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        Repeated postoperative follow-up diffusion-weighted Magnetic Resonance Imaging to detect residual cholesteatoma
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        Repeated postoperative follow-up diffusion-weighted Magnetic Resonance Imaging to detect residual cholesteatoma
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        Repeated postoperative follow-up diffusion-weighted Magnetic Resonance Imaging to detect residual cholesteatoma
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Learning Objectives:

Aim: In many clinics non-EPI DWI has replaced second look surgery because of its high negative predictive value. In our institution, follow-up DWI is performed at least twice after surgery. Aim of this study was to determine the yield of the second follow-up MR-DWI (MR-DWI2) after in patients with a negative first follow-up MR-DWI (MR-DWI1) and an absence of clinical otoscopic suspicion of recurrence or residual cholesteatoma.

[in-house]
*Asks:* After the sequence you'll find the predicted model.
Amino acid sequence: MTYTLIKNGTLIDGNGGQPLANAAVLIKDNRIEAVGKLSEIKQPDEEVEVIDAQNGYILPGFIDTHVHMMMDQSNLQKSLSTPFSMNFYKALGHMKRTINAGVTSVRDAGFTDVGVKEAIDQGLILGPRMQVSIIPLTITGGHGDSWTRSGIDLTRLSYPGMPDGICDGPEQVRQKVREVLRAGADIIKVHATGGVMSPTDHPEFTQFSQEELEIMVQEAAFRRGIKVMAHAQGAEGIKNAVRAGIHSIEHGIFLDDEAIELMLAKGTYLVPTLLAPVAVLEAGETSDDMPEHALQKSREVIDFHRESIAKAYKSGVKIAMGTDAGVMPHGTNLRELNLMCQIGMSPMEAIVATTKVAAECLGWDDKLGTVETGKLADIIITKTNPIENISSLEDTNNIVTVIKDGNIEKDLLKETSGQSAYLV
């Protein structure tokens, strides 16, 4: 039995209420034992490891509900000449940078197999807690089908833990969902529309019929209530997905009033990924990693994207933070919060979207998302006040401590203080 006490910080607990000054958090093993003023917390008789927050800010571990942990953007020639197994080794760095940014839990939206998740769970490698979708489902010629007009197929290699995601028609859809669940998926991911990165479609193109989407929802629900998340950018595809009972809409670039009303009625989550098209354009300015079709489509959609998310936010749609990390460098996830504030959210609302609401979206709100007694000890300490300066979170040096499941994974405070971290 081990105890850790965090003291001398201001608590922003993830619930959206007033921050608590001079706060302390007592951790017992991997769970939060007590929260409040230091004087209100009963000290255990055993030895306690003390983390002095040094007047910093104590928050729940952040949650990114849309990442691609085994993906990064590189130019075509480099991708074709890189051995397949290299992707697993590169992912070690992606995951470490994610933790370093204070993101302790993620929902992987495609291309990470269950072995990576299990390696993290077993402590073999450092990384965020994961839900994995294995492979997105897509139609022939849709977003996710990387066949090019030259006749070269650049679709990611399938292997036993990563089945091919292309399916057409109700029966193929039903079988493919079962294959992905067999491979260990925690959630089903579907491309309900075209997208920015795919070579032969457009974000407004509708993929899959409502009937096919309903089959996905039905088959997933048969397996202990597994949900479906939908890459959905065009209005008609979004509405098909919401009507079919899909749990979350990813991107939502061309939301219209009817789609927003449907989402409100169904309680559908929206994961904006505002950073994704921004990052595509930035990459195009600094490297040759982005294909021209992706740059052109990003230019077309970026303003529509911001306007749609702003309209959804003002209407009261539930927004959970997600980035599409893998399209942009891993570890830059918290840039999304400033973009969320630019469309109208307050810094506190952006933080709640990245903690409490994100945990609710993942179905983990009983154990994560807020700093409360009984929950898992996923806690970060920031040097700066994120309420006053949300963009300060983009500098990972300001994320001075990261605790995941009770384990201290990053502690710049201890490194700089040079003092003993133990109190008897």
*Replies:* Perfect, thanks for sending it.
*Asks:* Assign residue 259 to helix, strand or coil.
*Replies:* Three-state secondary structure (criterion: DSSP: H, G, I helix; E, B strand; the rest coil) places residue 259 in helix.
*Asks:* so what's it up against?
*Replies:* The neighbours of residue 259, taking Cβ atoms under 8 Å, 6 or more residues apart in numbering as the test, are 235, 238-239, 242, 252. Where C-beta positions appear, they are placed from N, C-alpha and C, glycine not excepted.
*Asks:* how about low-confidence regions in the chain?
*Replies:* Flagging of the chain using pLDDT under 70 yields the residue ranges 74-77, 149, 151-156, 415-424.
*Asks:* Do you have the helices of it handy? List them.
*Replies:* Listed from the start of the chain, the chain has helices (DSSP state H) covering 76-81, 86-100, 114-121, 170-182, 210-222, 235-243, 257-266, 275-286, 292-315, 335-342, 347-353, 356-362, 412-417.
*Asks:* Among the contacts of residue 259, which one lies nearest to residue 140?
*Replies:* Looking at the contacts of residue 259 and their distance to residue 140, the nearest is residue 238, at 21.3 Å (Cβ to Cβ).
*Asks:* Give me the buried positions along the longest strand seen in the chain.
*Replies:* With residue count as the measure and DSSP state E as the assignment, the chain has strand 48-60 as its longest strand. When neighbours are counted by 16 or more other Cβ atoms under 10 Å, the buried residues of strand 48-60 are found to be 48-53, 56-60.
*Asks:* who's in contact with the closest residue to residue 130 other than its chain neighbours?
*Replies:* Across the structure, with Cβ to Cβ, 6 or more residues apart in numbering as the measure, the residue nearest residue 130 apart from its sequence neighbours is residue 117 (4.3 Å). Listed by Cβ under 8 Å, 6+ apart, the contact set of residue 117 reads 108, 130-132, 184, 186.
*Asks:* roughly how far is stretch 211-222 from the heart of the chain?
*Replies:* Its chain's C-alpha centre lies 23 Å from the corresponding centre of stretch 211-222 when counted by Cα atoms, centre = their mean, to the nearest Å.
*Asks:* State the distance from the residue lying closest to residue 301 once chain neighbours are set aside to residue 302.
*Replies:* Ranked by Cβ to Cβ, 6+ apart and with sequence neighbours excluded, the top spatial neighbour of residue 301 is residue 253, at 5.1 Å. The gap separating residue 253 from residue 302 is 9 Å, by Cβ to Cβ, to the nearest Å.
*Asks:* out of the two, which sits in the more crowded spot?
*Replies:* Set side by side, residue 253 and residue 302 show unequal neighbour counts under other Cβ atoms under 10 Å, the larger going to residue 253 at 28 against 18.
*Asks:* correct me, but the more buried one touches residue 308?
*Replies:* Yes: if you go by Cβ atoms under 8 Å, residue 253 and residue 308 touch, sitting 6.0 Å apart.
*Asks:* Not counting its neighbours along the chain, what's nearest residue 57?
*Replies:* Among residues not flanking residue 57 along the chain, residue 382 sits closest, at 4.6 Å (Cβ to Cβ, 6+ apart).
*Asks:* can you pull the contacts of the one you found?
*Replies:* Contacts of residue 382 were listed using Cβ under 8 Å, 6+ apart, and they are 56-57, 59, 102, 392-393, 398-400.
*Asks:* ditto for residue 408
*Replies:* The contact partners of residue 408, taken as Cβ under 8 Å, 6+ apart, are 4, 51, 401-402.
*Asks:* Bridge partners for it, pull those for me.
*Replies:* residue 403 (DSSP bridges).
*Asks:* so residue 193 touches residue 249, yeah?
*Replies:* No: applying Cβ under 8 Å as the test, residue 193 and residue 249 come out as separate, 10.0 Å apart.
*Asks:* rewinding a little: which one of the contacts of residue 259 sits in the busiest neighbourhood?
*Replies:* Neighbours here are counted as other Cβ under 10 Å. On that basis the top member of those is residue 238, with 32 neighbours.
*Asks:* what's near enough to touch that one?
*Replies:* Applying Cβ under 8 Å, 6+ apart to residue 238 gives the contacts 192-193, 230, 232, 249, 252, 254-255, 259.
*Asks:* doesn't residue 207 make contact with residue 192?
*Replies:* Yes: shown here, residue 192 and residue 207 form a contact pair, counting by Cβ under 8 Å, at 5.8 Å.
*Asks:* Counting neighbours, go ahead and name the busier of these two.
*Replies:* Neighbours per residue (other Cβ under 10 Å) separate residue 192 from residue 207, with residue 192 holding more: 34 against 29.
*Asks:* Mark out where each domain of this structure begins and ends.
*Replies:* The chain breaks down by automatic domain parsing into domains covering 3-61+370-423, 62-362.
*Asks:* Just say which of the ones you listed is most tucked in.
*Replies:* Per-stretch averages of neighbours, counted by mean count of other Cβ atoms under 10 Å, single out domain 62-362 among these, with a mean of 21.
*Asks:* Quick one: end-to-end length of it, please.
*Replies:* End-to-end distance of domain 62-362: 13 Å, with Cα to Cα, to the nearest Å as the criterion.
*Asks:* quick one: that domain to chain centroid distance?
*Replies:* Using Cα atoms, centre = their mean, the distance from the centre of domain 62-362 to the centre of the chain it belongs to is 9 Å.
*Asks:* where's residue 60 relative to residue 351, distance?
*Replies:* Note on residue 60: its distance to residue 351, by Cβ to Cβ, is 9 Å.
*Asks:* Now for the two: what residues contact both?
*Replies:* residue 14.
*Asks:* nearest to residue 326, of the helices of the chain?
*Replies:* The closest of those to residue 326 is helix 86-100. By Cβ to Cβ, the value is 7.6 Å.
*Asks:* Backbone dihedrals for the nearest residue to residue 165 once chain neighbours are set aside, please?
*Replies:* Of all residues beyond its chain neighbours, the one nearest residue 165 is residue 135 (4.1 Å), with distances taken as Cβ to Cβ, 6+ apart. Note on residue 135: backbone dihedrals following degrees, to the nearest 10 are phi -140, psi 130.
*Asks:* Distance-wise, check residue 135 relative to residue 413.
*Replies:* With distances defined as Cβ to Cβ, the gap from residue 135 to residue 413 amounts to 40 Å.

Methods: Between 2006 and 2013 we retrospectively included 45 ears in 44 patients which had undergone cholesteatoma surgery, had a negative MR-DWI1 performed 6–24 months after surgery, an MR-DW2 performed at least 6 months after MR-DWI1 and an absence of clinical suspicion of recurrence or residual cholesteatoma between surgery and MR-DWI2. Two radiologists independently scored MR-DWI1 and MR-DWI2. Descriptive analysis were used for determining the yield of MR-DWI2. Interobserver agreement was calculated using Cohen's kappa statistics.

Results: In 14 of 45 ears (31%) MR-DW2 was equivocal (n = 6, 13%) or positive (n = 8, 18%). Interobserver agreement indicated substantial agreement (κ = 0.75). Patients with a positive MR-DW2 were younger of age compared to those with an equivocal or negative MR-DW2. In the group of 8 patients with positive MR-DW2, 6 were operated on with surgical confirmation of cholesteatoma in 5 of these patients. In 1 patient only fatty tissue was found.

Conclusion: The most important finding of this study is that 31% of MR-DW2 showed equivocal or positive evidence of cholesteatoma despite clinical and MR-DW1 follow-up. Given the known high sensitivity and specificity of non-EPI DWI, good quality of the included DWI examinations and high interobserver agreement in our study, it seems very unlikely this can be explained by a missed cholesteatoma larger than 2–3 mm on MR-DW1. It is also striking that patients with a positive follow-up MR-DW2 are younger of age. This may influence follow-up strategies in the future.